Corrections of stratiﬁed tropospheric delays in SAR interferometry: Validation with
global atmospheric models
, C. Lasserre
, G. Peltzer
, O. Cavalié
, C. Doubre
Laboratoire de Géologie, CNRS UMR 8538, École Normale Supérieure, Paris, France
Laboratoire de Géophysique Interne et Tectonophysique, Université Joseph, Fourier, CNRS, BP53 38041 Grenoble Cedex 09, France
Department of Earth and Space Science, University of California Los Angeles, CA 10095, USA
Jet Propulsion Laboratory, California Institute of Technology, Pasadena, CA, 91109, USA
EOST-IPGS (UMR 7516 CNRS-UdS), 5 rue Ren Descartes, 67084, Strasbourg, Cedex, France
Received 15 May 2008
Accepted 25 March 2009
Phase propagation delay
Global climate model
The main limiting factor on the accuracy of Interferometric SAR measurements (InSAR) comes from phase
propagation delays through the troposphere. The delay can be divided into a stratiﬁed component, which
correlates with the topography and often dominates the tropospheric signal, and a turbulent component. We
use Global Atmospheric Models (GAM) to estimate the stratiﬁed phase delay and delay-elevation ratio at
epochs of SAR acquisitions, and compare them to observed phase delay derived from SAR interferograms.
Three test areas are selected with different geographic and climatic environments and with large SAR archive
available. The Lake Mead, Nevada, USA is covered by 79 ERS1/2 and ENVISAT acquisitions, the Haiyuan Fault
area, Gansu, China, by 24 ERS1/2 acquisitions, and the Afar region, Republic of Djibouti, by 91 Radarsat
acquisitions. The hydrostatic and wet stratiﬁed delays are computed from GAM as a function of atmospheric
pressure P, temperature T, and water vapor partial pressure e vertical proﬁles. The hydrostatic delay, which
depends on ratio P/T, varies signiﬁcantly at low elevation and cannot be neglected. The wet component of the
delay depends mostly on the near surface speciﬁc humidity. GAM predicted delay-elevation ratios are in good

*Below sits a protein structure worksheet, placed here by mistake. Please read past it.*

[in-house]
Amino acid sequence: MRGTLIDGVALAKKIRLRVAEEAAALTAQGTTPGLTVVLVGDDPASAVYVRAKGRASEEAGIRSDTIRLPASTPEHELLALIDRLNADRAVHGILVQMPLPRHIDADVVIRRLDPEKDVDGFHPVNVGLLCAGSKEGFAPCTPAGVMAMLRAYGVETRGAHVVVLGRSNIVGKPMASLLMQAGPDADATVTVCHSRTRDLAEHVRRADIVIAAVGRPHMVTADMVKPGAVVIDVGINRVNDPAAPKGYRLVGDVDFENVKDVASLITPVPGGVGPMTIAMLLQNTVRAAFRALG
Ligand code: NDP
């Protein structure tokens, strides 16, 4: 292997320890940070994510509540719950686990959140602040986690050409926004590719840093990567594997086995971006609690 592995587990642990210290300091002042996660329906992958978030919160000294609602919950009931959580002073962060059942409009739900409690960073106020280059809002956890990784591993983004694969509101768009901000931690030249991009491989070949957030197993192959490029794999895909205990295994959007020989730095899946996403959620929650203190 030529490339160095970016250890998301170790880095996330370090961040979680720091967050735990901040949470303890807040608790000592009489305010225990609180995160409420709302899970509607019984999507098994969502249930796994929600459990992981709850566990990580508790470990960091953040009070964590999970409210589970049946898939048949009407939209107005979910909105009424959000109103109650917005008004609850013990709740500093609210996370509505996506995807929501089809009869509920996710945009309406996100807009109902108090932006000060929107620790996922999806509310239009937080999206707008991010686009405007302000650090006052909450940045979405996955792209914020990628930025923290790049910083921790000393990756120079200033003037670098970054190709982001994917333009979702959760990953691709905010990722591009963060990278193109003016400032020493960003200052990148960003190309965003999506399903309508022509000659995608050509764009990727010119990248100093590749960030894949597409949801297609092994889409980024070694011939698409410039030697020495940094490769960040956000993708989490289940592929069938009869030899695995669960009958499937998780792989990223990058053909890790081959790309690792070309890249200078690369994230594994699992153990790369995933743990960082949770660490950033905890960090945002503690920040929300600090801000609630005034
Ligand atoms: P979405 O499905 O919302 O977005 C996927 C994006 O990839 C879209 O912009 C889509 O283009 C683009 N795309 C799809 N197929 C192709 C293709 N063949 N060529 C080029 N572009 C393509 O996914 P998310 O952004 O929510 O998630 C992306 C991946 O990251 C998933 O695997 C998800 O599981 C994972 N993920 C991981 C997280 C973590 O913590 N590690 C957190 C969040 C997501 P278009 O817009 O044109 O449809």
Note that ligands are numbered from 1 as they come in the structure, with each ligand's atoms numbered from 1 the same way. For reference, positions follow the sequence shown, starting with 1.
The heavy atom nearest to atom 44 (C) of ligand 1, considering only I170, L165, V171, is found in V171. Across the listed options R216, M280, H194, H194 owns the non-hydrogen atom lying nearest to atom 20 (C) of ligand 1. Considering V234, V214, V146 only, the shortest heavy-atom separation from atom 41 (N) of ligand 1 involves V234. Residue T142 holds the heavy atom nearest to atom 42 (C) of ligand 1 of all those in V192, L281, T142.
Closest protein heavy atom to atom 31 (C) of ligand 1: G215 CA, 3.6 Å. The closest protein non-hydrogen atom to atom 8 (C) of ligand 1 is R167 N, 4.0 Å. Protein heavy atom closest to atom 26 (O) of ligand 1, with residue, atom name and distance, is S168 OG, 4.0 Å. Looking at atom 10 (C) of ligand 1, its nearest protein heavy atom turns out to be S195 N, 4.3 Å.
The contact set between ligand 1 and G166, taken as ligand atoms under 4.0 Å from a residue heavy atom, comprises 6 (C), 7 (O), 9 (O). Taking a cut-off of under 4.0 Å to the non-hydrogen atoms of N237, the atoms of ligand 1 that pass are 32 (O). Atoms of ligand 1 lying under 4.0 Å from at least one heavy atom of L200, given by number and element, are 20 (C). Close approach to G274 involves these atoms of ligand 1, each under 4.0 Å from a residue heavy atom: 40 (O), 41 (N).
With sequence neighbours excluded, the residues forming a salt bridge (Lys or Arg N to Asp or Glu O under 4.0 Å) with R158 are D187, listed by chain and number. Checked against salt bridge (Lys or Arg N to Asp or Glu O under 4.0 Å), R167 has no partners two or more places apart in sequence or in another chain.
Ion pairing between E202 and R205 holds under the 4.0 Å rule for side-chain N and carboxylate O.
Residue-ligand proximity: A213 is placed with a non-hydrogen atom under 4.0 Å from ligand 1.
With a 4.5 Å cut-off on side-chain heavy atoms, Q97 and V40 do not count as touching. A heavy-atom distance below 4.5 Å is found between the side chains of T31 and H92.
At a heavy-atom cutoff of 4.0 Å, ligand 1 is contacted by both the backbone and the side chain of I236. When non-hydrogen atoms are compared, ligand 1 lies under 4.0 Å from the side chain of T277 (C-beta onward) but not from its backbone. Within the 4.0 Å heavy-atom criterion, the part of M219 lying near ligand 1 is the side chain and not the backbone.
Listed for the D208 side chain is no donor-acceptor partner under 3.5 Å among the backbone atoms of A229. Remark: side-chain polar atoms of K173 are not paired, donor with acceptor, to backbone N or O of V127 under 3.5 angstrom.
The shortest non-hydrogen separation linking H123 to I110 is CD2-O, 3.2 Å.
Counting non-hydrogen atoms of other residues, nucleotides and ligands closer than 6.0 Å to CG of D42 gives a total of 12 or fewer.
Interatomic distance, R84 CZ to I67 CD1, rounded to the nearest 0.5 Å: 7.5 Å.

agreement with the ratios derived from InSAR data away from deforming zones. Both estimations of the
delay-elevation ratio can thus be used to perform a ﬁrst order correction of the observed interferometric
phase to retrieve a ground motion signal of low amplitude. We also demonstrate that aliasing of daily and
seasonal variations in the stratiﬁed delay due to uneven sampling of SAR data signiﬁcantly bias InSAR data
stacks or time series produced after temporal smoothing. In all three test cases, the InSAR data stacks or
smoothed time series present a residual stratiﬁed delay of the order of the expected deformation signal. In all
cases, correcting interferograms from the stratiﬁed delay removes all these biases. We quantify the standard
error associated with the correction of the stratiﬁed atmospheric delay. It varies from one site to another
depending on the prevailing atmospheric conditions, but remains bounded by the standard deviation of the
daily ﬂuctuations of the stratiﬁed delay around the seasonal average. Finally we suggest that the phase delay
correction can potentially be improved by introducing a non-linear dependence to the elevation derived from
© 2009 Elsevier B.V. All rights reserved.
The main limitation of differential radar interferometry (DInSAR)
in measuring centimeter ground displacements, apart from coherence
loss, comes from unaccounted electromagnetic phase propagation
delays in the atmosphere (Zebker et al., 1997; Hanssen, 2001).
Atmospheric propagation delays are a geophysical signal affecting
every pixel of the radar scene and masking ground motion, and can
potentially be modelled and corrected. They limit the measurement
accuracy of post- and inter-seismic deformations in the seismic cycle,
transient creep along some fault segments, volcanic deﬂation or
inﬂation, subsidence induced by mining or ﬂuid extraction, or ground
motion due to loading or unloading of the lithosphere by the
hydrosphere. Therefore, it is particularly important to devise techni-
ques to improve our understanding of electromagnetic delays in the
atmosphere and to mitigate their effects on SAR measurements.
Propagation delays are caused by dispersive effects in the
ionosphere and by air refractivity gradients in the neutral troposphere.
Ionospheric effects in SAR interferograms have mostly been observed
in auroral zones and are more important in L-band than in C-band.
They are revealed by azimuth distortions or shifts in SAR images with
characteristic distances generally larger than 100 km, except for
kilometer scale azimuth streaks (Gray et al., 2000; Mattar and Gray,
2002; Meyer et al., 2006). Air refractivity gradients in the troposphere
Journal of Applied Geophysics 69 (2009) 35–50
⁎ Corresponding author. Laboratoire de Géologie, CNRS UMR 8538, École Normale
Supérieure, 24 rue Lhomond, 75231 Cedex 05 Paris, France.
E-mail address: email@example.com (M.-P. Doin).
0926-9851/$ – see front matter © 2009 Elsevier B.V. All rights reserved.
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